Getting the Facts Right on Iran

October 12, 2012

Publication Type: 

  • Articles and Reports


Valerie Lincy

"Facts matter." That's what Vice President Joe Biden said during the portion of last night's debate with Congressman Paul Ryan that related to Iran. Facts especially matter when discussing what the debate's moderator called the biggest national security threat facing the United States. So, how were Vice President Biden and Congressman Ryan on the facts about Iran's nuclear program and the sanctions aimed at ending this program?

Vice President Biden rhetorically asked "…how close the Iranians are to getting a nuclear weapon," and concluded "They are a good way away." Congressman Ryan appeared to agree with this politically favorable timeline, arguing "We can debate the timeline, whether there's -- it's that short a time or longer. I agree that it's probably longer."

It is convenient to say there is still time to prevent Iran from obtaining nuclear weapons. There is. But how much? Iran's current stockpile of enriched uranium would be sufficient to fuel several nuclear weapons, if it were enriched to weapon-grade and converted from gas to metal. As of the last International Atomic Energy Agency report, Iran had over five tons of uranium enriched to about 3.5 percent U-235, and about 100 kg of uranium enriched to 20 percent U-235. U-235 is the fissile form of uranium needed to fuel a nuclear weapon.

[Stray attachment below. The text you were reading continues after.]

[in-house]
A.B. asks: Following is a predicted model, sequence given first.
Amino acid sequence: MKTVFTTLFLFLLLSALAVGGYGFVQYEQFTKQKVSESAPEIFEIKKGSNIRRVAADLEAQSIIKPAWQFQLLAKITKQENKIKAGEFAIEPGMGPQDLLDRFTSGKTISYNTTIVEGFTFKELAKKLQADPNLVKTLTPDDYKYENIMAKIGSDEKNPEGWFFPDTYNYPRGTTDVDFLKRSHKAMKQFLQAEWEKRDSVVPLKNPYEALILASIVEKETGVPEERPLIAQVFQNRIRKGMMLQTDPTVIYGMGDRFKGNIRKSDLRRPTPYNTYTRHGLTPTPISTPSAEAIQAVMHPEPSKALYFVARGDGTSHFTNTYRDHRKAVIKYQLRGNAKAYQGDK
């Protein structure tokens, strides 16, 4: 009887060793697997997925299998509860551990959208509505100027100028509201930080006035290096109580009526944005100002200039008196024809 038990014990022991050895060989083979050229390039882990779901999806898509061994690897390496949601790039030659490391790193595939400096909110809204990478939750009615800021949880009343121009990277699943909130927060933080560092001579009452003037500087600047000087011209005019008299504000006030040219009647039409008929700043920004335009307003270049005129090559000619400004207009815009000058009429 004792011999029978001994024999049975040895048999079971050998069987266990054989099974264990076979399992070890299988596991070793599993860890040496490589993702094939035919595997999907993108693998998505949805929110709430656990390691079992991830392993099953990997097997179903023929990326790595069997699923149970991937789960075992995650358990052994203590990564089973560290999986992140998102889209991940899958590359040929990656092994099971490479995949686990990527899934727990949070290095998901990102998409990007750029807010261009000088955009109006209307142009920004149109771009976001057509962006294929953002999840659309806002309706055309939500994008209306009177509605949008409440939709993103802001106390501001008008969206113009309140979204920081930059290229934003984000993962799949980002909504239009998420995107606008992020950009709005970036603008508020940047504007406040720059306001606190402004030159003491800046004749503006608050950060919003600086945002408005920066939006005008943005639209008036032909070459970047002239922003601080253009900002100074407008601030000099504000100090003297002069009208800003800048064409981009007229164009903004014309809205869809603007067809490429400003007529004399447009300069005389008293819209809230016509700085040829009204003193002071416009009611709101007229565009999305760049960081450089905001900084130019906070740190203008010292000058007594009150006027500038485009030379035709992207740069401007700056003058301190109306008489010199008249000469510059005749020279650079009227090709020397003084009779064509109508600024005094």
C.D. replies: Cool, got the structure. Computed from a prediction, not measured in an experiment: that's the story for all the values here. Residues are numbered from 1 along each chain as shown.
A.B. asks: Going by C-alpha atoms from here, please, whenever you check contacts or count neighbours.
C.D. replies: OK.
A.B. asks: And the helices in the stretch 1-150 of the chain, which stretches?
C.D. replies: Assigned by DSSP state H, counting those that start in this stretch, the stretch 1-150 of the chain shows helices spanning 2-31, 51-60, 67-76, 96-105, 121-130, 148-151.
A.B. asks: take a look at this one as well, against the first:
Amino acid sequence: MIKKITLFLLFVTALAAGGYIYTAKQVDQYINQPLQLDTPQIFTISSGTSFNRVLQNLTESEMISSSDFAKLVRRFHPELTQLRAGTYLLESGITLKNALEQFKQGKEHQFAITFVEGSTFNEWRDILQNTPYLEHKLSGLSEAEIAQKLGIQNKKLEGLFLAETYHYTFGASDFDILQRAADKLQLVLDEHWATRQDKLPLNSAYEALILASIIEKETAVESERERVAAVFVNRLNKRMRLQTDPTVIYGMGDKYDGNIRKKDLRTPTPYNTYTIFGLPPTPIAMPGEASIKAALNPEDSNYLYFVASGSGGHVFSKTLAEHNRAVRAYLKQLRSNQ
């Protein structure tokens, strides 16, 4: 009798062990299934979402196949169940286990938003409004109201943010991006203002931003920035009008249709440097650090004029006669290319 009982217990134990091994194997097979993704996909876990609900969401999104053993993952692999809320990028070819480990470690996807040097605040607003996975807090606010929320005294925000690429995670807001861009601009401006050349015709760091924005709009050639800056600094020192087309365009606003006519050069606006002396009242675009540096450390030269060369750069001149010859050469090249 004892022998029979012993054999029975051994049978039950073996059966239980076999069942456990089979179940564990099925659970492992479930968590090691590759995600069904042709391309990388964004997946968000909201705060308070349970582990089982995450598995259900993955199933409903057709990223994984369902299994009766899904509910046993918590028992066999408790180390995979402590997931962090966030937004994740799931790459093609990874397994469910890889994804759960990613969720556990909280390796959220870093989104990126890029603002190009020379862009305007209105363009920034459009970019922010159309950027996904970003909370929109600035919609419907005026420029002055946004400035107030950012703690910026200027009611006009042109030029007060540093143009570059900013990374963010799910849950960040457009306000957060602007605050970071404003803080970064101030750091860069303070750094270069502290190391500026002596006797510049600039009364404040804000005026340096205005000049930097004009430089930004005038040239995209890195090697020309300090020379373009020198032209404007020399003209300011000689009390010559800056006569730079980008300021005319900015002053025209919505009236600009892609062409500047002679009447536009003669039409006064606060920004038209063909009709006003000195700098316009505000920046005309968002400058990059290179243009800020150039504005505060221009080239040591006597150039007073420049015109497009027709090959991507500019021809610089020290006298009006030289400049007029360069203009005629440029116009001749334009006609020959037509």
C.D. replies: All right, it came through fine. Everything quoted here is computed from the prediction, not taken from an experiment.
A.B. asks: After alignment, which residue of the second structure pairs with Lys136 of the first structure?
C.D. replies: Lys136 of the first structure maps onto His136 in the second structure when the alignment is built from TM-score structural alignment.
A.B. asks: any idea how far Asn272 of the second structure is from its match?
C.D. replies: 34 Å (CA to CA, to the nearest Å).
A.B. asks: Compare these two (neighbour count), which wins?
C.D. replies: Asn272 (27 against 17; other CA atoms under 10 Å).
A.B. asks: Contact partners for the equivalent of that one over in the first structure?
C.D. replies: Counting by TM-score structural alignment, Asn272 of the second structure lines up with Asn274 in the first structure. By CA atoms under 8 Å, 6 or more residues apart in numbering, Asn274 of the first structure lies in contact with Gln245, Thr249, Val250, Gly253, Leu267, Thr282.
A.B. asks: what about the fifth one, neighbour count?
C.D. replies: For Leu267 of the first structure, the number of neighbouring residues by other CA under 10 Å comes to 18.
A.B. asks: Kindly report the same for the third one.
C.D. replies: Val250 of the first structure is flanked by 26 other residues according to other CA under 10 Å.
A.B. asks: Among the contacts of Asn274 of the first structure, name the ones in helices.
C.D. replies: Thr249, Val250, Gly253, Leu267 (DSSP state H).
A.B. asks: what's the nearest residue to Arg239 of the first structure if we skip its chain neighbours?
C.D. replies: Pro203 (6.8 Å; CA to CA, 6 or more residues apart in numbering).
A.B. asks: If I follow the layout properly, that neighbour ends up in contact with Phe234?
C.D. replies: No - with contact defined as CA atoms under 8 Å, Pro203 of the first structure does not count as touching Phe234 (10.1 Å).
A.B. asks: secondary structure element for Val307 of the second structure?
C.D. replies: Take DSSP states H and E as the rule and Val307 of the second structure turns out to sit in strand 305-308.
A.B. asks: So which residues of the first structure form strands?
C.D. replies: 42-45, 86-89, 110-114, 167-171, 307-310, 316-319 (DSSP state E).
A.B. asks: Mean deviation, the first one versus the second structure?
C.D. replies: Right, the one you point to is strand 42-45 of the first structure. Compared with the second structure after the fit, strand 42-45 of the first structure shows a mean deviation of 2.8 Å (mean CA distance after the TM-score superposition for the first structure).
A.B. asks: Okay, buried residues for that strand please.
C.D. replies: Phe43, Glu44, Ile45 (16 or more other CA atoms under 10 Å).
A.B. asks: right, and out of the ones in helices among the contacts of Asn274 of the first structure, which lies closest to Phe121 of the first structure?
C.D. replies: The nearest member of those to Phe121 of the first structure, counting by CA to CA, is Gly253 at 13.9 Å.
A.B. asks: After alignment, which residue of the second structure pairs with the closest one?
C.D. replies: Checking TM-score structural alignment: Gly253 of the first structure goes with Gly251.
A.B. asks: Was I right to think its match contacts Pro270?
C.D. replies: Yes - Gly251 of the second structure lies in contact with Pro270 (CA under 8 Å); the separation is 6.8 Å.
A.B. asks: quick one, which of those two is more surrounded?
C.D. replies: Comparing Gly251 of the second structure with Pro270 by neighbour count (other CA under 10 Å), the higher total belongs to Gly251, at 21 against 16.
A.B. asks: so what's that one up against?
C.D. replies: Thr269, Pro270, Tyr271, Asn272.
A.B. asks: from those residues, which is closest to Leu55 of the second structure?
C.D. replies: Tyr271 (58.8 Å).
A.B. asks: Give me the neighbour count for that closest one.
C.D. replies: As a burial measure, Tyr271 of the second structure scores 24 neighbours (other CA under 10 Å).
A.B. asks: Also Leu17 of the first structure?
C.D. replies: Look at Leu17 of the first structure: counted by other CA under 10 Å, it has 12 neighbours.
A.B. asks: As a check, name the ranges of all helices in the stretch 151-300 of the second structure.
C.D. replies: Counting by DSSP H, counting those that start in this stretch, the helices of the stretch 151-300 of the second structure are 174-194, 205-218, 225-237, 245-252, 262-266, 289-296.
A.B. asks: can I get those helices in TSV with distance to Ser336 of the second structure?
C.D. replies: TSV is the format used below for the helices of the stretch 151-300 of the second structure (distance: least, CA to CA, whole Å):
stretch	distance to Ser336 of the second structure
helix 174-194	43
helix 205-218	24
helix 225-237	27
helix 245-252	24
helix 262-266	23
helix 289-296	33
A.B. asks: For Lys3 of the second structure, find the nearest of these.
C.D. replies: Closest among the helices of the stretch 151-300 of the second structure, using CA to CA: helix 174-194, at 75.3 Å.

Iran's growing stockpile of 20 percent material brings it much closer to nuclear weapon fuel: enrichment to this level accomplishes 90 percent of the work necessary to bring natural uranium to weapon-grade. But even its stockpile of low-enriched uranium is a large step in the right direction, as it accomplishes about 70 percent of the work necessary to bring natural uranium to weapon-grade. In either case, further enrichment to weapon-grade would take a matter of weeks or months, depending on the number of centrifuges devoted to the task.

But how is Iran doing on making a device that could cause the weapon-grade uranium to explode in a nuclear chain reaction - a process called weaponization? According to the International Atomic Energy Agency, Iran appears to have had a structured weaponization program through 2003 and a less structured one since then. However, making the weapon-grade fuel is the most difficult step in a nuclear weapon program: it is about 90 percent of the work. Indeed, it's normally assumed that no country would produce weapon-ready fuel unless the rest of the components of the bomb were finished and waiting.

Congressman Ryan: "When Barack Obama was elected they had enough fissile material, nuclear material, to make one bomb. Now they have enough for five."

This statement is misleading because Iran does not currently have nuclear weapon-ready material to fuel even one nuclear weapon. When President Obama took office in January 2009, Iran had nearly enough U-235, within its low-enriched uranium stockpile, to fuel one nuclear weapon. Iran now has enough U-235 in this stockpile to fuel about five nuclear weapons. However, this U-235 isotope must be separated from the more abundant U-238 isotope through enrichment. The finished product should contain over 90 percent U-235. Iran could use the thousands of centrifuges it has installed at the Natanz enrichment plant to do the job, or the smaller plant at Fordow, but both are visited regularly by international inspectors. Or Iran could use a secret plant. In any case, it is a necessary step for Iran on the path to nuclear weaponry.

Vice President Biden: "What Bibi held up there was when they get to the point where they can enrich uranium enough to put into a weapon, they don't have a weapon to put it into."